Indian English Poetry


When we talk about Indian English Literature, it is obvious to mention Indian English Poetry, since it is the oldest form. The typical and actual India is beautifully being carved and described by Indian poets who write in English.

A new form of English poetry had been discovered by Indian poets by using Indian culture, traditions, issues etc and made the world know about them.

During the pre-independence era, few of the poets tried to ‘be English’ by copying the style and pattern of the native English poets, they lost their identity by not paying heed to their own potential.

When British came to India, they brought their culture, language and religion along with them which resulted in the writers and poets trying their hands in this foreign language and they are famed as well as reputed till date.

Indian English differs from western or native English in a number of ways like theme, language, style of writing, imagery etc. The poems were written in Indian English get more connected to Indians because it is ‘for the Indians and by the Indian’. But when a poet writes for foreign audiences, the Indian touch in the poem makes it worth reading.

Indian English Poets

Henry Louis Vivian Derozio is regarded as the first poet of Indian English poetry. He was criticized for his writings were considered to be too western or it may be said that his poems contained the tint of Christianity.

His interest in this country is being shown by his poem such as ‘Harp of India. The characteristics of Indian poems cannot be defined but the Indianness remains a remarkable character in it.

Sri Aurobindo, Sarojini Naidu, Michael Madhusudan Dutt, Toru Dutt are remarkable Indian English poets. Rabindra Nath Tagore used to write both in Bengali as well as English and translated his Bengali work into English himself. The contemporary English poet, Nar Deo Sharma, because of his literary achievements; is given an important place in this literature field.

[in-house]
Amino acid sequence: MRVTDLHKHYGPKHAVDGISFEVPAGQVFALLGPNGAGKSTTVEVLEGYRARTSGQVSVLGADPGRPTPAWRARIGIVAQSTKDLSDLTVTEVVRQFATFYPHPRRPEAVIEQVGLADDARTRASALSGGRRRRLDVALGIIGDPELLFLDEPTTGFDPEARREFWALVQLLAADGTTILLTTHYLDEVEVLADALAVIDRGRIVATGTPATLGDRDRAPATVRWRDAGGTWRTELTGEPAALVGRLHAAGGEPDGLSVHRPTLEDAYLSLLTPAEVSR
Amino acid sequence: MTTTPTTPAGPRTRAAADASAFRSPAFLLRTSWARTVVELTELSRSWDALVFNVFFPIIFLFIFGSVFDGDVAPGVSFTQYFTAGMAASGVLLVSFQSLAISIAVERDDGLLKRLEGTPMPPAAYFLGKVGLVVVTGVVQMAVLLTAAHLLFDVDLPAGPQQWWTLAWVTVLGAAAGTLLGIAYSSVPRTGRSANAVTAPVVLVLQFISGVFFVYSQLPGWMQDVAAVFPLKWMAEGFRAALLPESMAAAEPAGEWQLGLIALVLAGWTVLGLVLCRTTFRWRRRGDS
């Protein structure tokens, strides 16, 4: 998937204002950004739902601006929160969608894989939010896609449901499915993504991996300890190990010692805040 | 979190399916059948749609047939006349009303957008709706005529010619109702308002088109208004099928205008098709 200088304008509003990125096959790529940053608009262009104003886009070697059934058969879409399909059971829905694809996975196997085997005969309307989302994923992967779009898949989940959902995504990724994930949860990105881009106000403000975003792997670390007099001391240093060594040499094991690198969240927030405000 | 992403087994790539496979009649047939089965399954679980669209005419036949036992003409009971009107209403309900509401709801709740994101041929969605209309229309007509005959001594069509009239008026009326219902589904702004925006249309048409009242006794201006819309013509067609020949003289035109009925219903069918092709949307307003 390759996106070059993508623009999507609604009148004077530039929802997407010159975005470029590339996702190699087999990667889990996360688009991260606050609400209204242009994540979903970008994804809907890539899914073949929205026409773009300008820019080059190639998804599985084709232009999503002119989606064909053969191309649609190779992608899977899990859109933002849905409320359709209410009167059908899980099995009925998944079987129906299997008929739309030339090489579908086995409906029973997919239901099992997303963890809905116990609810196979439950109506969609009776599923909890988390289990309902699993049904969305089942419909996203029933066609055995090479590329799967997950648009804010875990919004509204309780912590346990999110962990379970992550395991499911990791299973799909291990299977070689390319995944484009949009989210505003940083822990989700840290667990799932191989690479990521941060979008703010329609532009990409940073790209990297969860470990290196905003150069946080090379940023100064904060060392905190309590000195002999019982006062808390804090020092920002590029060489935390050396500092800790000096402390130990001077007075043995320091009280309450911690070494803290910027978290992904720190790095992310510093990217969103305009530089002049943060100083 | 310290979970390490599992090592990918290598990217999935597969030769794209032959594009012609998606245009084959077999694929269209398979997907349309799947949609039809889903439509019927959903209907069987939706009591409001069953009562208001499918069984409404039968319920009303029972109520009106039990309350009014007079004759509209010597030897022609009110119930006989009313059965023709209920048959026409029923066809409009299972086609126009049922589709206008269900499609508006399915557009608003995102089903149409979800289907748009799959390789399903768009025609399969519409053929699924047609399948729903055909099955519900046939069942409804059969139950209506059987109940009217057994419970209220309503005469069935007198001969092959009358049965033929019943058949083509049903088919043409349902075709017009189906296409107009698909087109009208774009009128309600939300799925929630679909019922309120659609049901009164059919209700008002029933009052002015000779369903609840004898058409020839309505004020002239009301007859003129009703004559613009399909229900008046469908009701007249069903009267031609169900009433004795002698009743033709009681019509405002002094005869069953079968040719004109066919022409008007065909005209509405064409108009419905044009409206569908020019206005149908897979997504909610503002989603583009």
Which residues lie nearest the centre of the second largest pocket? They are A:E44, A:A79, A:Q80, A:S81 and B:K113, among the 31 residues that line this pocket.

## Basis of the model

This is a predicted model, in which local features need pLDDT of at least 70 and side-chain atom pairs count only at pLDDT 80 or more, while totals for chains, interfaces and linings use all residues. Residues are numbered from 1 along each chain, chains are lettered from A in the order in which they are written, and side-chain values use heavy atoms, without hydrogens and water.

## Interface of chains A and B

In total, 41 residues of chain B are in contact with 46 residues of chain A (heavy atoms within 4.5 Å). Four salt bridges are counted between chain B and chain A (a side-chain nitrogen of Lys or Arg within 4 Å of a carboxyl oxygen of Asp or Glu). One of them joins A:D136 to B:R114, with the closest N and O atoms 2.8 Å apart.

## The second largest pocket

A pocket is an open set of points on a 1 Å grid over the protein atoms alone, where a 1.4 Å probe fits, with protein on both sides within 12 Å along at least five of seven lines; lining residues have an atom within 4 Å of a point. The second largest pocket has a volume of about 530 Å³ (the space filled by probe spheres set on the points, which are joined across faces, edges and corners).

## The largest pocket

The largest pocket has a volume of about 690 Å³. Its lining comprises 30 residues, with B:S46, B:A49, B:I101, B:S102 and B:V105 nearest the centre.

The Hindu tradition of cremation and the process of throwing the ashes into the river are depicted by A.K Ramanujan, an Indian English poet, in his poem ‘The Obituary’. When Kamala Das saw eunuchs dancing on the streets of Calcutta, she got inspired and thus ended up with ‘The Dance of the Eunuchs’. Honesty and authenticity are the key things which make a poem successful and gain ample amount of audience.


In the poems like ‘The Railway Clerk’ by Nissim Ezekiel, there is a comprehensive use of Indian English such as the suffix; ‘ing’ is unnecessarily being used and in a wrong way and that is how most Indians use English typically.

Here the poet used this type of English as a tool to create humour and satire. When the Indian poets started using the words from Indian languages (Hindi, Urdu etc) like “guru, goonda, burkha, chapatti, pan” etc, people from all over the world automatically started borrowing those words in English.

It is easy for a true reader to differentiate between an Indian poet and a western counterpart since the essence of Indianness will remain in their writings. Jayanta Mahapatra is a prominent Indian writer who possesses Indian sensibility.

In his poem Dawn at Puri” he describes the importance of the pilgrimage, Puri, in the life of a Hindu. To attain salvation, women desire to die here. Mahapatra uses landscape theme which includes sensibility and the connection with roots.

Same is the case with other Indian poets, whether it is Nissim Ezekiel or A.K. Ramanujan, an exception is hardly available. The language and the subject used by the poets reveal the experience earned by them.

Indianness is inherited from Indian writers and they can’t escape from it. Beliefs, attitude, myths, allusion etc are the patterns used by the Indian poets. So nothing can be more inspirational for Indians other than India.